Modern Architecture Needs Clouds

Last weekend I attended a free film about architectural photographer, Julius Schulman (1910-2009), at the Washington Center in Olympia. I know little to nothing about modern architecture, but was intrigued by the title of this documentary, "Visual Acoustics," and felt the need to explore some new territory and get my head out of the clouds for the evening. I was only partly successful.

There was but a sprinkling of filmgoers in the theater (the Capitol Theater was deluged with Bruce Cockburn fans that same night), and my husband and I felt a bit on the rarefied side until a series of architects began describing Schulman's contributions to the birth of modern architecture, especially in Southern California in the 1950s and 1960s. Their language described a world that was abstract and spatial, innovative and impractical, urban and hyper-rarified. Schulman and the architects he worked with--Frank Lloyd Wright, John Lautner, Frank Gehry, and Richard Neutra (whom the Accidental Naturalist kept referring to as Richard Nutria) were creating, selling, and mainstreaming modernism. They were selling a lifestyle, especially in the wide-open spaces of Los Angeles and Palm Springs. That lifestyle is best embodied in Shulman's iconic image of Case Study House No. 22 (below)--two women chatting (posing?) rather stiffly in a cantilevered glass room overlooking Los Angeles.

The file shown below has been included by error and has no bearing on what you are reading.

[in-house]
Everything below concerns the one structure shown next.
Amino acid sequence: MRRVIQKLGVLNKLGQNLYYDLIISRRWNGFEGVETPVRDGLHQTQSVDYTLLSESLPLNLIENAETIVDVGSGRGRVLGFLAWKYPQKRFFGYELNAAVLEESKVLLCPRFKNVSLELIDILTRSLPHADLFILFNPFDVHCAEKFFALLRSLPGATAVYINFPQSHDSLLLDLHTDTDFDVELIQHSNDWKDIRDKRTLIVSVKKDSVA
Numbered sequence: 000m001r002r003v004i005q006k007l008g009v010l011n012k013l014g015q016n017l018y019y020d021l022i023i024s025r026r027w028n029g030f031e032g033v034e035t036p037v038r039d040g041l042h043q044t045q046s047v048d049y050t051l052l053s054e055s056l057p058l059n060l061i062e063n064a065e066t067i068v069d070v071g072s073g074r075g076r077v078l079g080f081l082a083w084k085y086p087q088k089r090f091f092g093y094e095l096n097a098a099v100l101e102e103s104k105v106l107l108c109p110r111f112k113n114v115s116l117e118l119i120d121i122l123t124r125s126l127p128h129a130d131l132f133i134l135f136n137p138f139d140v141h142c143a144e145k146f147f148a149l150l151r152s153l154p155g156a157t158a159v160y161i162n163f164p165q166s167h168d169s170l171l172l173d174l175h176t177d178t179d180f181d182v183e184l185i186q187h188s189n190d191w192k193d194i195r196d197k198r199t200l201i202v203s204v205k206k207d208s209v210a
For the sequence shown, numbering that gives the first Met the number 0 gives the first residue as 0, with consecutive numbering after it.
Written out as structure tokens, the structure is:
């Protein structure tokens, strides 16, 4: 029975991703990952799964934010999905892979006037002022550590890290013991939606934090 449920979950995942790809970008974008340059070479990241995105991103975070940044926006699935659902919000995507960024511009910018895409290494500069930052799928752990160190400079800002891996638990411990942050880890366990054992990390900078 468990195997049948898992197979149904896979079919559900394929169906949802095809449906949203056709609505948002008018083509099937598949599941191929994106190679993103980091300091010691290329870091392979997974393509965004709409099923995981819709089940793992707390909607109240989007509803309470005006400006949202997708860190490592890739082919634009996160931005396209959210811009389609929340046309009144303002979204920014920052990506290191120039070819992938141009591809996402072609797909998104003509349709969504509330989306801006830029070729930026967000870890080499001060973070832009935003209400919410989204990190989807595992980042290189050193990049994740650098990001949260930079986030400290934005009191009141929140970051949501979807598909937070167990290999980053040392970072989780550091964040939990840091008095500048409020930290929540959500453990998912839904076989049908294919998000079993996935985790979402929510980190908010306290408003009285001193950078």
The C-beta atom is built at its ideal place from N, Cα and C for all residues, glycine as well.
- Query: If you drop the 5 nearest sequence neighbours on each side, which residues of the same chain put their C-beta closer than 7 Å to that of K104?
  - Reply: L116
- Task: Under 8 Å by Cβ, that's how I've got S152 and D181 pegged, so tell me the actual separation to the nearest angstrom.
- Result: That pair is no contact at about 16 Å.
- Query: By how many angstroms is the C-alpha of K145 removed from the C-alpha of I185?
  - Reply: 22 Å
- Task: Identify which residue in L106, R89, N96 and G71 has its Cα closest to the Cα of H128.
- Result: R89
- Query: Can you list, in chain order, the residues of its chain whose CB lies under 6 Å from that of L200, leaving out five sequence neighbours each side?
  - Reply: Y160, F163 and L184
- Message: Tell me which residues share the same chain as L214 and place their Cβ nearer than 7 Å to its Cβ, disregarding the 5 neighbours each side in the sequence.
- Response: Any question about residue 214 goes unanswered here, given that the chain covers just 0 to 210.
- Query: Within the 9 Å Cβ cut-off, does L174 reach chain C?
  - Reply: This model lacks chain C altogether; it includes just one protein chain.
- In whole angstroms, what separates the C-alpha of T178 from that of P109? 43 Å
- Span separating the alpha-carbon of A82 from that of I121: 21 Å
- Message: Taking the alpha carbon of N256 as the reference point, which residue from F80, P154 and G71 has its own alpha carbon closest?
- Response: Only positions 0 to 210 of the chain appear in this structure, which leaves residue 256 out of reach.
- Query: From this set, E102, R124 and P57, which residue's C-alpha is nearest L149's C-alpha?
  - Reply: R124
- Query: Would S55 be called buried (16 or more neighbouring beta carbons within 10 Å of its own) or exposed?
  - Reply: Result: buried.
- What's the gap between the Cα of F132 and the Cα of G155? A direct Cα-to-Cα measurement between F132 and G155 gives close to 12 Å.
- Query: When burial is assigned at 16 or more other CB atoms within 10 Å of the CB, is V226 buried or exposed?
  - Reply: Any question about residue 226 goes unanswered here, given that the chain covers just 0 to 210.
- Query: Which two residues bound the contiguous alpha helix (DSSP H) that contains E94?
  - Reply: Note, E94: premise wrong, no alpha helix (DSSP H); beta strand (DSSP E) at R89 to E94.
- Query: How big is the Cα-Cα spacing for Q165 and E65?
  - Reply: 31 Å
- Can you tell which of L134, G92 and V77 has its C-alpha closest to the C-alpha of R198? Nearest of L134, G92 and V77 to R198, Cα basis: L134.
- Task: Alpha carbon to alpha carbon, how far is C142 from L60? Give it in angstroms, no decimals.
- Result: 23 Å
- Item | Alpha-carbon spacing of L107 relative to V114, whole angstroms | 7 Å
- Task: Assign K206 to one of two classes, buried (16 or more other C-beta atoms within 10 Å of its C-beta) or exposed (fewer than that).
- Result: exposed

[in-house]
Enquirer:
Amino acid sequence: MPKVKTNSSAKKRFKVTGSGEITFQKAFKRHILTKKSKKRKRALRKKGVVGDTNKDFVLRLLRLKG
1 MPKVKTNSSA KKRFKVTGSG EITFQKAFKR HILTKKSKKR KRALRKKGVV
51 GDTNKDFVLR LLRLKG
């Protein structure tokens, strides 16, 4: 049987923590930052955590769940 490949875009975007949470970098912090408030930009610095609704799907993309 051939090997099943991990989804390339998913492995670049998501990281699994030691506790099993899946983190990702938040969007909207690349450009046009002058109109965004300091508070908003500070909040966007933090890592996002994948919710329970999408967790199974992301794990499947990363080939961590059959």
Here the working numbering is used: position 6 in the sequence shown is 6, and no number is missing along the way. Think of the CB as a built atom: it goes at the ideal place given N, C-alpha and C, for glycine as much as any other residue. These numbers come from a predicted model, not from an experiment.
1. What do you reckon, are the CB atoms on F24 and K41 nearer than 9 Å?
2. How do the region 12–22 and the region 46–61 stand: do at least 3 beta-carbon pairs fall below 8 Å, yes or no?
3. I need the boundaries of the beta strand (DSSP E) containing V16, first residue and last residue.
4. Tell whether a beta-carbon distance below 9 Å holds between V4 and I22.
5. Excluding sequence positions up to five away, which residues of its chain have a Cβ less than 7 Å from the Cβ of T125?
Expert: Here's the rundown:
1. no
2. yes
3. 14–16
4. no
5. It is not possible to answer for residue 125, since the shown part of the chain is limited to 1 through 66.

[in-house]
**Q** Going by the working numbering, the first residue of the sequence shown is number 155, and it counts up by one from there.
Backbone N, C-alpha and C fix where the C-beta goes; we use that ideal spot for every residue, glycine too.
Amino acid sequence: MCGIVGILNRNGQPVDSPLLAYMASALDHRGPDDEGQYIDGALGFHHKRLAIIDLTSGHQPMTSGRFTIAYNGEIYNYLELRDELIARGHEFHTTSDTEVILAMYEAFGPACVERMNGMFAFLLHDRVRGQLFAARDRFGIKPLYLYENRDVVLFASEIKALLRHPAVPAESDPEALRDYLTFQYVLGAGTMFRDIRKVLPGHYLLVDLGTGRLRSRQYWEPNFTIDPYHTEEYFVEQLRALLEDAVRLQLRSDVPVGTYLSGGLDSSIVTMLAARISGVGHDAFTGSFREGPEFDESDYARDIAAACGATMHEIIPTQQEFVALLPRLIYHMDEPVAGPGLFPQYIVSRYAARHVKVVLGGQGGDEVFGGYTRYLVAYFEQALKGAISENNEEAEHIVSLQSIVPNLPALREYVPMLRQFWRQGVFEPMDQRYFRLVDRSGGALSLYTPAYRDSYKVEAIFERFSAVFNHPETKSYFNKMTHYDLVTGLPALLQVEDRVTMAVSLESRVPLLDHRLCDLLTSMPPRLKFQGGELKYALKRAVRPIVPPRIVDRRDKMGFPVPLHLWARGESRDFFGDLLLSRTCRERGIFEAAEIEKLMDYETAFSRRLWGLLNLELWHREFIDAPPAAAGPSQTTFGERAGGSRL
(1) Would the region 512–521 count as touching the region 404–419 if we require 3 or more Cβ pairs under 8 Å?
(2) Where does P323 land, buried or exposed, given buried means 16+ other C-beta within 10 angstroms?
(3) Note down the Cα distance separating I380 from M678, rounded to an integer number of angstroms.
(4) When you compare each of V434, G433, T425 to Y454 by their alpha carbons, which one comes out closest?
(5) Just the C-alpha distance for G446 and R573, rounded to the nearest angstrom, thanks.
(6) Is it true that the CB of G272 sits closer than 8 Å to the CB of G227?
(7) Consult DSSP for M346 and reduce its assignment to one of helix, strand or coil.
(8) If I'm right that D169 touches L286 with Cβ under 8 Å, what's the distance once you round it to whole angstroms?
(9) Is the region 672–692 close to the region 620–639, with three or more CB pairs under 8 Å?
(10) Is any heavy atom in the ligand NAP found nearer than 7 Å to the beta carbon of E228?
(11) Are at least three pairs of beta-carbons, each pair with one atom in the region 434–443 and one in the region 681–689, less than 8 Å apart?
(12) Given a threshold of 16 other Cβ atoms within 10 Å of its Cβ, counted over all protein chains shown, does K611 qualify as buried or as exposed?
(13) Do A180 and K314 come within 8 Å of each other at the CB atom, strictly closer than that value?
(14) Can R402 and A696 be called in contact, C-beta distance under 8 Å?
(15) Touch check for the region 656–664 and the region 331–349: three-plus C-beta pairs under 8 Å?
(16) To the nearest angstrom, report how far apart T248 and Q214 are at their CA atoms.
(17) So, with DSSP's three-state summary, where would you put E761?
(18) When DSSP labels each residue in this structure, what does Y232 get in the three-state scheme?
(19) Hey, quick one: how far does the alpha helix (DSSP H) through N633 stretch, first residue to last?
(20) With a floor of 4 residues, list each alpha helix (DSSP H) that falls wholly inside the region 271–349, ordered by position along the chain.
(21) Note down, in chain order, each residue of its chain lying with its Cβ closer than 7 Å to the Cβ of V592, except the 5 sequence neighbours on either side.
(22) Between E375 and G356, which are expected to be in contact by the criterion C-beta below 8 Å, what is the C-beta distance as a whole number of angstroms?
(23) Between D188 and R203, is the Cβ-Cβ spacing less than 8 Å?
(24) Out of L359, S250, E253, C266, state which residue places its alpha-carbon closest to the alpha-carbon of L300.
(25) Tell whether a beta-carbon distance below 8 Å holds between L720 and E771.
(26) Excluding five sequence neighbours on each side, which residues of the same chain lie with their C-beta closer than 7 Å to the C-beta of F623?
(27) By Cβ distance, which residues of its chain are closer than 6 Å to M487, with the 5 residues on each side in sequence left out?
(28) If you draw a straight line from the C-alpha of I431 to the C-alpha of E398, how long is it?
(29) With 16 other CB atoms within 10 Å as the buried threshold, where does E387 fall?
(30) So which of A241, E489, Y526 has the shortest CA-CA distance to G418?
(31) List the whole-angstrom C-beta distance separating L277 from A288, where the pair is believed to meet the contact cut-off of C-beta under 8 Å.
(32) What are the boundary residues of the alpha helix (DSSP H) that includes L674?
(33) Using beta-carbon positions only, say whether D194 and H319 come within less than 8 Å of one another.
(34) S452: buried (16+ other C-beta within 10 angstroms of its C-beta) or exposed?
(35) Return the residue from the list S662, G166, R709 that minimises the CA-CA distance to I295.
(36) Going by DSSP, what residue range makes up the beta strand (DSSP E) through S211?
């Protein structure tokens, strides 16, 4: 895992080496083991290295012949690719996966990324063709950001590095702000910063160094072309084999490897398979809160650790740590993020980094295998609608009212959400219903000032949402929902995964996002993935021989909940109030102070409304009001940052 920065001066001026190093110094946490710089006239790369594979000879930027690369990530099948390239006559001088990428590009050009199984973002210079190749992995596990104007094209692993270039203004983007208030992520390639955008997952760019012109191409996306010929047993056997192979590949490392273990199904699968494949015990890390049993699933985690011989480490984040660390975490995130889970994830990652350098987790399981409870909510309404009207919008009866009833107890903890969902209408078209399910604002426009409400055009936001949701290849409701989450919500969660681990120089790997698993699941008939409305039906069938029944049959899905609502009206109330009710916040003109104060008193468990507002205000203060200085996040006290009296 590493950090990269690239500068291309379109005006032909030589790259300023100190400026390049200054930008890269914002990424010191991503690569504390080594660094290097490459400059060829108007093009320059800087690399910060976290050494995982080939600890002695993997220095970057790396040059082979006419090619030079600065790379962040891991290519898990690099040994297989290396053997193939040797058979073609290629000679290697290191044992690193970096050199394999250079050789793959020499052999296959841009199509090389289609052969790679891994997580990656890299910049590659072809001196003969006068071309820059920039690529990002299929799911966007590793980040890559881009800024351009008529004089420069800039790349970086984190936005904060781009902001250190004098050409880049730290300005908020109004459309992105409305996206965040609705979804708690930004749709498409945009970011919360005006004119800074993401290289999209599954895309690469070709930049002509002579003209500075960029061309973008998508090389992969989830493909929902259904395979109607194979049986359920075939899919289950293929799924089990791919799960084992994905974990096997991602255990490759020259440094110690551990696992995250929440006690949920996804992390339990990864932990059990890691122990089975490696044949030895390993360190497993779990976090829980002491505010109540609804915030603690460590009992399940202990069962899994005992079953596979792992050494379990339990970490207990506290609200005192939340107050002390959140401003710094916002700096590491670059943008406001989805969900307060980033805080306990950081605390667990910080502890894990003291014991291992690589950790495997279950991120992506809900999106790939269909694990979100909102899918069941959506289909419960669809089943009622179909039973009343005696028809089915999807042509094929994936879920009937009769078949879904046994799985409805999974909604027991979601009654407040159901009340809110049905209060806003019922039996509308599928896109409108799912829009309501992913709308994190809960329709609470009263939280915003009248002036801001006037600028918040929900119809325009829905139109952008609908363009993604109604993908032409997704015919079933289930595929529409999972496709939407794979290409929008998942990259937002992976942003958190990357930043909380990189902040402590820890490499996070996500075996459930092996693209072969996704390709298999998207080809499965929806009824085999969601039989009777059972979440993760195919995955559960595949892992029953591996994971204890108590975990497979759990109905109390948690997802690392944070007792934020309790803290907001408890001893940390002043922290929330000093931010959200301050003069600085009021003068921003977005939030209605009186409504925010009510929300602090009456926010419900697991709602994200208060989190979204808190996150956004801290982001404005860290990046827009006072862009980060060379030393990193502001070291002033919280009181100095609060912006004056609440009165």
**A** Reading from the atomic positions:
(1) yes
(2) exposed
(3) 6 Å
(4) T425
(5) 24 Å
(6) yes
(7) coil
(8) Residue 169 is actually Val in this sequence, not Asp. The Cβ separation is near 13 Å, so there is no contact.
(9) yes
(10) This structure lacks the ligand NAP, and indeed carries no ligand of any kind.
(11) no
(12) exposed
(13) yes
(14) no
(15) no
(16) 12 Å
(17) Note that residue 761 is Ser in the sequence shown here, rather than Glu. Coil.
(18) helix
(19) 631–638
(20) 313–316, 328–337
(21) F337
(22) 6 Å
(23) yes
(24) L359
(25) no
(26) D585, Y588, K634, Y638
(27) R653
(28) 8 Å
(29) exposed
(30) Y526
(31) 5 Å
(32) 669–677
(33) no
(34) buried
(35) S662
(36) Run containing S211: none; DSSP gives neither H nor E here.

I felt our 1970s house with its pitched roof, solid walls, and floor lamps was low-brow, uninspired, and clunky. And I like it that way. Modern architecture and its strange forms is interesting to me, but a tour through a Frank Lloyd Wright house usually causes me to blurt out, "I could never live in a house like this. Where would we put all our stuff?" The showpiece modern homes Schulman popularized are angular, cold, edgy--the antithesis of cozy, which is what I want in a home. And I think, perhaps subconsciously, Julius Schulman tried to impart a bit of coziness in his photographs. How do I know this? Many of his photographs of the exteriors of buildings include clouds--puffy, soft, curvilinear, cozy forms that mitigate the starkness of the architecture. In Southern California, clouds aren't omnipresent the way they are in the Pacific Northwest, so I imagine that Schulman made an effort to include them.

For your enjoyment, here are a few of Schulman's cloud-enhanced photographs of some very modern buildings. This is what happens when your universe becomes cloudcentric...nubiacentric?

For more information on Shulman, click here to see an excellent trailer for Visual Acoustics